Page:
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nahm in Bangkok – David Thompson’s return to Thailand

For those of you who haven’t heard about it, nahm at the Metropolitan hotel in Bangkok is the Australian chef David Thompson’s attempt to bring traditional Thai food back to Bangkok. He already has a highly rated 1* Michelin in London (nahm in the Halkin) and the world’s most fiendishly difficult Thai cookbook but this new opening of nahm in Bangkok is something more than that. This is him coming back to the land of his culinary inspiration.

It has also kicked off a fair bit of controversy out in Asia with some soul searching by Thai people about why a farang* person is leading the charge on high level Thai food.

Nahm at the Metropolitan Hotel in Bangkok by David Thompson
Clear soup of roast duck with thai basil and young coconut

It is slightly difficult for me to review my meal at nahm in detail as, quite frankly, I am not competent enough in the flavours, spices and traditions involved in Thai food to be able to weigh up the successes or failings in each dish. Still, what I can say is that it was probably one of my lesser meals in Bangkok; partly by reference to food but mostly by reference to the experience.

Given my general ignorance about Thai food, my comment on the food is fairly simple; this wasn’t as good as otherworldly meals I had at Bo.lan, Sra Bua, Krua Apsorn and some of the better streetfood places*.

Nahm at the Metropolitan Hotel in Bangkok by David Thompson
Squid in ink with sugarsnap peas

However, the biggest problem is that nahm is meant to be a serious restaurant but it felt like some middling hotel’s dining room. The interior is a touch bland – like it was modelled on a 1990’s Buddha Bar album cover – and the clientale were pretty much all Australian retirees or hotel guests in tracksuit bottoms. Coupled with service which forgot drinks, weren’t aware of or educated in the story behind the food or the ingredients, couldn’t discuss the menu with me etc. it meant that there wasn’t the buzz or expectation that comes with seriously good high end food.

I have read quite a few reviews by others on TripAdvisor etc. who have been and their experience of service is notably different. Many of them had David Thompson recommend dishes or attend them personally. I evidently didn’t get that. I didn’t get anywhere near that. I have heard he wasn’t working the night I went but I am not sure that is an answer, the problem was front of house generally and not in the kitchen (where the chef arguably should be).

Nahm at the Metropolitan Hotel in Bangkok by David Thompson
All of this, at once, for one person

And this was made worse by the pacing. Apparently nahm is trying to do traditional “family style” serving. What this meant in practice is that I got something like 6 mains altogether. Bang. No warning. All there. I am a greedy, glutinous, overeating fool. I couldn’t even begin to cope. I started with the squid as left that goes rubbery. Then danced between soups, salads, meats and fishes and curries. All far too much. The breadth of it meant that some dishes got cold, some mouldered. All of them suffered.

Nahm at the Metropolitan Hotel in Bangkok by David Thompson
Black sticky rice with longans and young coconut served with caramelised taro - genius

I would happily go back to nahm for the food but I would take a firm line with the pacing and ask for it to be brought out in a sensible way. Indeed two of the dishes made me want to cry with joy – a jungle curry and a black glutinous rice desert.  If served in a way which would let me savor the food and relax this meal could have been something special.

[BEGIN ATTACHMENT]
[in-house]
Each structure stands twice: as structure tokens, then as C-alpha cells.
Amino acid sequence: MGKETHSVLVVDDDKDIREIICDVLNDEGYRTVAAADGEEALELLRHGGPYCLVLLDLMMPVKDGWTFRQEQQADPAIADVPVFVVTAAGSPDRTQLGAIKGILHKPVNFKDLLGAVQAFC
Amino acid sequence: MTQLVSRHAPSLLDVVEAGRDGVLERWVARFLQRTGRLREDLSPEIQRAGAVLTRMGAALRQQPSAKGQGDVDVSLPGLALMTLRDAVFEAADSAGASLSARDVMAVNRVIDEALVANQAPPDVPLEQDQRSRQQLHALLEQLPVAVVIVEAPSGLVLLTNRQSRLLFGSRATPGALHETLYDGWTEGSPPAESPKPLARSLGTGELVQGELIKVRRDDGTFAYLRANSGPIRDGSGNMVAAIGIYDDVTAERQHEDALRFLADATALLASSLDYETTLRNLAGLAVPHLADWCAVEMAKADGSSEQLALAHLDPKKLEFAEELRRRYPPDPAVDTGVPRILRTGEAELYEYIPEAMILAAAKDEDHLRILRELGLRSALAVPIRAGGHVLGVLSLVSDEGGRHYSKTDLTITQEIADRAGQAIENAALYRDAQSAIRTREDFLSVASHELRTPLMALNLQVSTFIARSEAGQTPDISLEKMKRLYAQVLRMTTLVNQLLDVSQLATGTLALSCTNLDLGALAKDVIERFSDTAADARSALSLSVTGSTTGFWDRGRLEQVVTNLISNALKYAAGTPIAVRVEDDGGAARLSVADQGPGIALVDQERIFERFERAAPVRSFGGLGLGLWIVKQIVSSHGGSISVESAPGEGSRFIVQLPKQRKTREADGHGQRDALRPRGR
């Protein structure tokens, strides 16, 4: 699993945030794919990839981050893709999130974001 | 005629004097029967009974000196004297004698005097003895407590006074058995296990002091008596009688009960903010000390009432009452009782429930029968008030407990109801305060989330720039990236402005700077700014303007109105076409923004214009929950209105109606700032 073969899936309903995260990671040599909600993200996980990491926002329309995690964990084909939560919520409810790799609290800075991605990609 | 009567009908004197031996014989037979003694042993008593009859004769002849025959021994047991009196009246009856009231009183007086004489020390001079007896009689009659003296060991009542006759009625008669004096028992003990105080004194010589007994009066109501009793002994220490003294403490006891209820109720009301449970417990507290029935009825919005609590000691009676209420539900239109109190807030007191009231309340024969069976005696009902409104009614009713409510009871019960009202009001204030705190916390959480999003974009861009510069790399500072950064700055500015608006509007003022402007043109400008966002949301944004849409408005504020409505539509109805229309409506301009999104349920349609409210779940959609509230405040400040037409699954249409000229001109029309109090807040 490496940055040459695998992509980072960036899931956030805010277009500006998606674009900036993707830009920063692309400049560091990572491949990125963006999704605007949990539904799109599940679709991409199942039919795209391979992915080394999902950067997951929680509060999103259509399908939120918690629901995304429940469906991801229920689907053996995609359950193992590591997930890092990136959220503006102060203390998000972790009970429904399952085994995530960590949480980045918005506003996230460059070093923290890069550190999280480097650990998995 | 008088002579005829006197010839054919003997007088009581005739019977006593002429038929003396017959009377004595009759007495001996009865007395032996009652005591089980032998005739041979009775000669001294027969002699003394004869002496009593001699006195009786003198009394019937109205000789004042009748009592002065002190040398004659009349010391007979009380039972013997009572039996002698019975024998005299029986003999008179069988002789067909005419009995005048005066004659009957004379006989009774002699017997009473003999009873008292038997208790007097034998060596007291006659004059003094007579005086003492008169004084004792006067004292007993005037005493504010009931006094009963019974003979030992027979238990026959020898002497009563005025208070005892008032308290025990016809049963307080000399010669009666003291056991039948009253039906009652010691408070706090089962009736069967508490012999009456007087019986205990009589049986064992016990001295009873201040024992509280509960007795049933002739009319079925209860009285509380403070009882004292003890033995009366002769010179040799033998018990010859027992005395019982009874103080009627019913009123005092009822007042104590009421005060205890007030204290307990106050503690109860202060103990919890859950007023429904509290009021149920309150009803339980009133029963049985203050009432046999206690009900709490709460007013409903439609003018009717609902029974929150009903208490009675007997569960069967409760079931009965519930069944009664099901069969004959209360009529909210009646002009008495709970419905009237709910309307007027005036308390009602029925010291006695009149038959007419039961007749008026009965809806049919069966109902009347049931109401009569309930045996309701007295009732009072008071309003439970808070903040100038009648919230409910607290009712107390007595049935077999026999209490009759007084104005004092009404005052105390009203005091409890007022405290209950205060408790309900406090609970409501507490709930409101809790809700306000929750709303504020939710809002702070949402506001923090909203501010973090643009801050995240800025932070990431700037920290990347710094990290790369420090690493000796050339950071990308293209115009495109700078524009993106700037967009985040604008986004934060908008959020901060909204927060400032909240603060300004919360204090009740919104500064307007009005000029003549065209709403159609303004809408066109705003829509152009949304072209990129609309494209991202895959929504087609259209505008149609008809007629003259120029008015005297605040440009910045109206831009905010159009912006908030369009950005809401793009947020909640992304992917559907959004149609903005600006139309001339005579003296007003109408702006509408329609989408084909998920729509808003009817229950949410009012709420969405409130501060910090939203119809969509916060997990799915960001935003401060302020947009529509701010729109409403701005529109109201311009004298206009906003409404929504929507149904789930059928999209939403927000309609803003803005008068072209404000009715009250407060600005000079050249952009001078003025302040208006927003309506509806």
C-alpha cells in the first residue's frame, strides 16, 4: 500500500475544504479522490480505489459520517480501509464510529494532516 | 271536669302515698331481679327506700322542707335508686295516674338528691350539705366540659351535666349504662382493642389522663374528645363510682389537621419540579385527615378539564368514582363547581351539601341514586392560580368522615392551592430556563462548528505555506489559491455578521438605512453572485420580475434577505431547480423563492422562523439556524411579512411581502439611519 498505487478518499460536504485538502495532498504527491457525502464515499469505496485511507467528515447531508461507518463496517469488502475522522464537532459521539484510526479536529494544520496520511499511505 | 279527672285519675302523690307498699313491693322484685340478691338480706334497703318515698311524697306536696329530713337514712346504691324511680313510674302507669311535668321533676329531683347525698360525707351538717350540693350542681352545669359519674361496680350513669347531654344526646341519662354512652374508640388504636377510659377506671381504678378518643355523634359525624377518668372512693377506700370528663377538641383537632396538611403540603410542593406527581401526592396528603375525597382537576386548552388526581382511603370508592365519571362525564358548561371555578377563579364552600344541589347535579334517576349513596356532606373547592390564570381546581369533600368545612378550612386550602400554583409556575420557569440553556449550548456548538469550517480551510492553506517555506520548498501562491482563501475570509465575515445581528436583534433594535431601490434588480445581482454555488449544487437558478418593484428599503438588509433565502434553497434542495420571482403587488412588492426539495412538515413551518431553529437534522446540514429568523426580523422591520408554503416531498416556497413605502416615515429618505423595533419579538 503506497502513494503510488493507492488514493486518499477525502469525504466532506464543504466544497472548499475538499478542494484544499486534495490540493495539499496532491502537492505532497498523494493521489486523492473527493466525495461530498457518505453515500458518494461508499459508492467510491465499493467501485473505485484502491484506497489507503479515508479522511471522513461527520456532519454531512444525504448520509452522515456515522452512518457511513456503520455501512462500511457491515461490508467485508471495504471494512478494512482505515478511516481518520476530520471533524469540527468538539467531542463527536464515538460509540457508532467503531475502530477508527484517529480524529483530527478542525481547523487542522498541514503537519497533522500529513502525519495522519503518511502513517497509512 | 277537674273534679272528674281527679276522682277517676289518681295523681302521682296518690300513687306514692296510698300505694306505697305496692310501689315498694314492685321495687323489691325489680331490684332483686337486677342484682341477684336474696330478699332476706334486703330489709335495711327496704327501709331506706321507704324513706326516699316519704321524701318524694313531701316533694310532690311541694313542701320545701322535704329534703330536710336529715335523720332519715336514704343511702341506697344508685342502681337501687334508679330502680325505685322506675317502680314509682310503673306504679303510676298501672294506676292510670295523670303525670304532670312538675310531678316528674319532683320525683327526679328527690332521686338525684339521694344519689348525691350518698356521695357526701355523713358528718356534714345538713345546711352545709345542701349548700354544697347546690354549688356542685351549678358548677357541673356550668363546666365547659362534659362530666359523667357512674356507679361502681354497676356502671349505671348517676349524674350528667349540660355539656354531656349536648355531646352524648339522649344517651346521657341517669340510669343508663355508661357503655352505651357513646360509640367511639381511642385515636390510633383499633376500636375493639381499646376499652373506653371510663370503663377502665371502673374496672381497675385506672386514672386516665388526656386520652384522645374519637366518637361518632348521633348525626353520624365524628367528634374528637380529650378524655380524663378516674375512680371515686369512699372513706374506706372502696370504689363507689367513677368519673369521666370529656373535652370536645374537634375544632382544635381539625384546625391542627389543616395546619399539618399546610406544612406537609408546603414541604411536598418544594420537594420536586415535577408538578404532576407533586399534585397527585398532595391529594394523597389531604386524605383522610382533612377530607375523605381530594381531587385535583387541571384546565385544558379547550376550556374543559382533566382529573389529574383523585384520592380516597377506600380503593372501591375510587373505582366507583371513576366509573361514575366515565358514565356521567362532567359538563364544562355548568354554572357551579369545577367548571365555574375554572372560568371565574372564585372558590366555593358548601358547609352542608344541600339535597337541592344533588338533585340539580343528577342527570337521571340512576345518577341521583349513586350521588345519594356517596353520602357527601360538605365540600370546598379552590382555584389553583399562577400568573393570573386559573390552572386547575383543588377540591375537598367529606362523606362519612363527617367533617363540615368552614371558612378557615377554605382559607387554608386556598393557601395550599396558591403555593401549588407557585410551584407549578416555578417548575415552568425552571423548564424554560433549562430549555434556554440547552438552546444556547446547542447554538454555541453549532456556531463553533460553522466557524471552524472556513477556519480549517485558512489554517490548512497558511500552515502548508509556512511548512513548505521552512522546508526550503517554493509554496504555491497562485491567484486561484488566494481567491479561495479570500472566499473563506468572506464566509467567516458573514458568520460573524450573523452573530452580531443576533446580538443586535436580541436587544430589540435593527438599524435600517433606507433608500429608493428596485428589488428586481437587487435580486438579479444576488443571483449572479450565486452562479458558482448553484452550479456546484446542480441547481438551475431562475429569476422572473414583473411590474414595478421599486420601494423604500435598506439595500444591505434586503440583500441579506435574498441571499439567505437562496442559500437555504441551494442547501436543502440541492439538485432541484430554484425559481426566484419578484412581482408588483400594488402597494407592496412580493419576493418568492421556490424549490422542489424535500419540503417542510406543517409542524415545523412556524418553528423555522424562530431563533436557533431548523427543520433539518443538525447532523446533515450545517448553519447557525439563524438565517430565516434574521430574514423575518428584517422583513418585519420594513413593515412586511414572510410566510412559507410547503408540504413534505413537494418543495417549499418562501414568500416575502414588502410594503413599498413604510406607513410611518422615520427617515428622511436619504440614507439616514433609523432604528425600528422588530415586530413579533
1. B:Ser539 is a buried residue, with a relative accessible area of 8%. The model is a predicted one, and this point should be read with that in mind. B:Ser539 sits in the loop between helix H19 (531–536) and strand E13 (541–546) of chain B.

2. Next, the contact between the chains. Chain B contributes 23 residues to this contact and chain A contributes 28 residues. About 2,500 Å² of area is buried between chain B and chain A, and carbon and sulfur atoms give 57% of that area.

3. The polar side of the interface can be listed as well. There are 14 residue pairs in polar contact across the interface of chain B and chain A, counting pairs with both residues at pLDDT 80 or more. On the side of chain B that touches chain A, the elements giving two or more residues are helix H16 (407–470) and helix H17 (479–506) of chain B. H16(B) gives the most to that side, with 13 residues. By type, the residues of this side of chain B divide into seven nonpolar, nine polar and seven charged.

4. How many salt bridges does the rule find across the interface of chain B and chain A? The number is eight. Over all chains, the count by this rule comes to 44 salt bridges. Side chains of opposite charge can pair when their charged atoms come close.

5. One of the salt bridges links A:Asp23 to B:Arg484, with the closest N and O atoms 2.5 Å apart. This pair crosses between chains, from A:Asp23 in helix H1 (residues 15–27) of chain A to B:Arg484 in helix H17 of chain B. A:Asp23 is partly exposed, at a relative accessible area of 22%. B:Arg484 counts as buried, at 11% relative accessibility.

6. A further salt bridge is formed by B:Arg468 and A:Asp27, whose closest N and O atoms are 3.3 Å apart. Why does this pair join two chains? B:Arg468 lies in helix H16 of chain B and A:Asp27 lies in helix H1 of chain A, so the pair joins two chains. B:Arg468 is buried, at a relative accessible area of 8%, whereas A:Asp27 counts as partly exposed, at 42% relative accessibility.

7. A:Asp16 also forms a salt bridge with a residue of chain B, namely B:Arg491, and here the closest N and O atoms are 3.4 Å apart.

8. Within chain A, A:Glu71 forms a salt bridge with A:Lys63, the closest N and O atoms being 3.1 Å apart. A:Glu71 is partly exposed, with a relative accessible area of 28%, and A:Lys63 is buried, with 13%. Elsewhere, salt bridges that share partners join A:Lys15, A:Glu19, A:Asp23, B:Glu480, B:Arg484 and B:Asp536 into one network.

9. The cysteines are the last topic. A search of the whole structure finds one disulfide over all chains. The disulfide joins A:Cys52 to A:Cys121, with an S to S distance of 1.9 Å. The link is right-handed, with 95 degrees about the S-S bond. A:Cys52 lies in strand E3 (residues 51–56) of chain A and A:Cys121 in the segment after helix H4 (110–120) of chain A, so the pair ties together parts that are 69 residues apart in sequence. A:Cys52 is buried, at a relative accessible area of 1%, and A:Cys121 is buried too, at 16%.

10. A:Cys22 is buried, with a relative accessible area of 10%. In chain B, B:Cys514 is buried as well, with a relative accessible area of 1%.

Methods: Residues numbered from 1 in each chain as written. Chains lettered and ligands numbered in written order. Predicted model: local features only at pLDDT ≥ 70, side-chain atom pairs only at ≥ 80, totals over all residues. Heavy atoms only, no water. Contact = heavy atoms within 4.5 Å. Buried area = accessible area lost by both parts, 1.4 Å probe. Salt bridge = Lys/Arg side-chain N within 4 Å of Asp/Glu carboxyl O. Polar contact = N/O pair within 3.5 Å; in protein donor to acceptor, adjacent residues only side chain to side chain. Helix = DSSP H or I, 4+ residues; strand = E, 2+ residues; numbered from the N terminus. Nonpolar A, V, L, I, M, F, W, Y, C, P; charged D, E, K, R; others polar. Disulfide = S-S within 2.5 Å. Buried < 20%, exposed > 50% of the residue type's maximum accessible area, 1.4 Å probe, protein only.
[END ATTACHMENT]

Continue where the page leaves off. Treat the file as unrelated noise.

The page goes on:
Still if you wanted to have just one high level meal in Bangkok… you need to go to bo.LAN (review to come).

  • Price – 1,700 baht for the set menu but with drinks it ended up as 3,000 baht a head
  • South Sathorn Road, Tungmahamek, Sathorn, Bangkok 10120, Thailand (+662 625 3388)

PS as an aside I noticed that one common brand of toilet make in Bangkok is “Nahm”. I forgot to check at the time whether they use Nahm Sanitaryware loos in the Metropolitan.

PS for the other posts on Bangkok click here.

* Thai for Westerner
* well the grasshoppers wasn’t much cop but still


  1. After having been to Nahm in London, I agree he’s sticking his neck out by going back to Thai-Cuisine-Mothership i.e. Bangkok at a big hotel. Us Asians don’t and never will get our home-style cuisine on fancy plates. I think for chi-chi Asian food to work, it needs to be elevated with technique and real change to the traditional recipe. I’ve got some BKK posts coming up myself, in much humbler places than yours! HF

  2. Interesting, similar criticisms to what I heard about the London branch. With Thai food I think freshness is a major factor (which is part of the reason street food is so good) so putting everything on the table at once would not be good. It might work for a family of five or six, but not for one or two. Still the food does look good, I still think it would be hard to tear myself away from the street stalls though.

    • Tom

      Yup – it was a lot of food. bo.LAN which is in two more reviews also does traditional style but it is bit more of a parade of dishes than all at once.

  3. Strange, we had what you had (perhaps plus another soup) to share and we were stuffed.

    • Tom

      I was definitely stuffed – too much food, not too little. Not complaints about the sizing, more about the pacing of the meal.

  4. I’m always disappointed with Thai food in restaurants in Thailand. It’s on the street is where it’s at ….. Always blow my mind….

  5. Gideon